Windy City Media Group Frontpage News
Celebrating 30 Years of Gay Lesbian Bisexual and Trans News
home search facebook twitter join
Gay News Sponsor Windy City Times 2018-09-19
About WCMG Publications News Index  Entertainment Features Bars & Clubs Calendar Videos Advertisers OUT! Guide    Marriage



Dance for Life continues to celebrate life, honoring those who have passed
by Aaron Hunt

facebook twitter pin it google +1 reddit email

In the darkest days of the 1980s, Chicago's dance community was gamely pirouetting through a Giselle-mist insufficiently shrouding the HIV/AIDS tragedy, dancers involuntarily reaching for partners who could never lift them again. There was no ignoring the unrestful spirits brushing past in the corridors, no shutting out dreams of dances that would never spring from soul-to-stage. The dust of the fallen co-mingled with the rosin glimmering on every dance floor.

But as a tide of protest against a studied, willful governmental ignorance washed over the pointed toes of artists, Chicago's dance community clasped hands and voted with their bodies. With a goal of raising money for for HIV/AIDS education and care for those struggling to pay for treatment, dancers Keith Elliott, Harriet Ross and Todd Kiech began the conversation that would become Dance For Life.

This year's Dance for Life ( DFL ) is Aug. 18, beginning with a 5 p.m. gala at Chicago's Hilton, and continuing with a 7:30 p.m. performance at the Auditorium Theatre. In addition to being a fund-raiser, the annual event is a showcase of artists who are trained not to be at contest with each other, but rather to fight their own bodies, making them better today than the story the mirror told them yesterday.

Going rogue

Keith Elliott and Harriet Ross were both with Joseph Holmes Dance Theatre when they launched Dance for Life in 1992—roughly seven years after their company's namesake and founder died of AIDS-related causes. They were joined by Todd Kiech, then something of a "rogue ballerina," and a dancer/choreographer known for innovative works that defied tidy categorization. Their efforts yielded the first DFL in 1992, when AIDS was seen as a death sentence and resources for the afflicted were few. The mainstream press was treating the pandemic as a joke. Under Ronald Reagan, the White House never so much as acknowledged the plague's existence.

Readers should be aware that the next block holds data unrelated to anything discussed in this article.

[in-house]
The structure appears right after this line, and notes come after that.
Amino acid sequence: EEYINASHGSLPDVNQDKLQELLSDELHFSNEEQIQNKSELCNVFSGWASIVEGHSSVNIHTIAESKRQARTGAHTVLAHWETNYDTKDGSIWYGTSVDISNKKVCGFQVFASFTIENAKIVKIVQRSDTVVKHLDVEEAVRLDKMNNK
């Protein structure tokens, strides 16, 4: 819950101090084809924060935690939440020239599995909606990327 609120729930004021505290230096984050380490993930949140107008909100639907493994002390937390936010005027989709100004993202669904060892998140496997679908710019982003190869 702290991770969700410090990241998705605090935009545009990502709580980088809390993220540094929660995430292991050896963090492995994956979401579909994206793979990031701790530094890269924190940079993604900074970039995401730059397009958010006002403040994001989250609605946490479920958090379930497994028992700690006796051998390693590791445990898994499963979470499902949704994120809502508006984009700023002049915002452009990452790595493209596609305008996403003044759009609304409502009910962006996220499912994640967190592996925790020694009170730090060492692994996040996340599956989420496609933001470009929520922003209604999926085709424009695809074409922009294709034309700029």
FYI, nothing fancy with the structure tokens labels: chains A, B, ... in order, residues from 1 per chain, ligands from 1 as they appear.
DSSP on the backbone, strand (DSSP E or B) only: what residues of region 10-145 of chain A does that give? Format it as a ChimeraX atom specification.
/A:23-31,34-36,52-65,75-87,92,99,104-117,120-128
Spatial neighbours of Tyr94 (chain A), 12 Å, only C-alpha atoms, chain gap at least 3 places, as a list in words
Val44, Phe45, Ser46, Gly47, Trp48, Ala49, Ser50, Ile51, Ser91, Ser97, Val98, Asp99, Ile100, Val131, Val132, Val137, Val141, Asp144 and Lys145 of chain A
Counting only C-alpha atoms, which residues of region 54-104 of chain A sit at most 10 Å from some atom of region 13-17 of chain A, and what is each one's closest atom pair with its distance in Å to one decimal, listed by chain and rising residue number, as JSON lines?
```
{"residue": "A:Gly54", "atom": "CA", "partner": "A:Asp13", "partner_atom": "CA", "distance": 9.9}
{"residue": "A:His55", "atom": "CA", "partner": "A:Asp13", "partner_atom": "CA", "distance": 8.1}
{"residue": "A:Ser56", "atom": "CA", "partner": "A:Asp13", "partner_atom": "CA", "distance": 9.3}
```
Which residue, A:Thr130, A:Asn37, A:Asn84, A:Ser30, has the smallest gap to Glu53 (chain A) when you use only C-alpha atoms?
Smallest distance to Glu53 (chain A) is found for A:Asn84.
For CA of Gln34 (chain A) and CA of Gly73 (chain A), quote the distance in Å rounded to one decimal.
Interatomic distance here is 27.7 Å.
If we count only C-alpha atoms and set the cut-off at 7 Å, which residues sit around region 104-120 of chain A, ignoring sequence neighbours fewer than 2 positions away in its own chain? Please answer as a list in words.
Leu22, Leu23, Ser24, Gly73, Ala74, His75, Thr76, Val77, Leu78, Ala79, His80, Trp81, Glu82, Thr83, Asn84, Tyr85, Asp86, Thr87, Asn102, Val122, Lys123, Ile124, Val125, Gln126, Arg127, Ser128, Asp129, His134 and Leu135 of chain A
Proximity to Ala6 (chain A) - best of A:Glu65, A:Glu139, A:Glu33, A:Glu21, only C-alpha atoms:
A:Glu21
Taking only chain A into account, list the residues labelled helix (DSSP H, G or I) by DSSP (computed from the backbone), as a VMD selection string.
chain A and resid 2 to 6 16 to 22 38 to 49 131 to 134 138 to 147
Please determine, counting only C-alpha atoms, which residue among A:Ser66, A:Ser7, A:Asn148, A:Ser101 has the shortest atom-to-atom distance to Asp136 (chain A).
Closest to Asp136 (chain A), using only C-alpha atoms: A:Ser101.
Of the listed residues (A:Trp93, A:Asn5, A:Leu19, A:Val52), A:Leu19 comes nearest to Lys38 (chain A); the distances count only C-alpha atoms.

Over the past 26 years, DFL has raised more than $5.5 million, partnering with companies clouding Giordano Dance Chicago, Hubbard Street Dance Chicago, and the Joffrey Ballet. The annual concert is now one of the city's most glittering social events, replete with star-studded, pre-show gala.

This year's DFL features artists from Giordano Dance Chicago, Hubbard Street Dance Chicago, the Joffrey Ballet, Hanna Brictson and Dancers, Cerqua Rivera Dance Theatre, Chicago Dance Crash and Nomi Dance Company as well as a finale by internationally lauded acclaimed choreographer Randy Duncan. Beneficiaries are the Dancers' Fund and the AIDS Foundation of Chicago.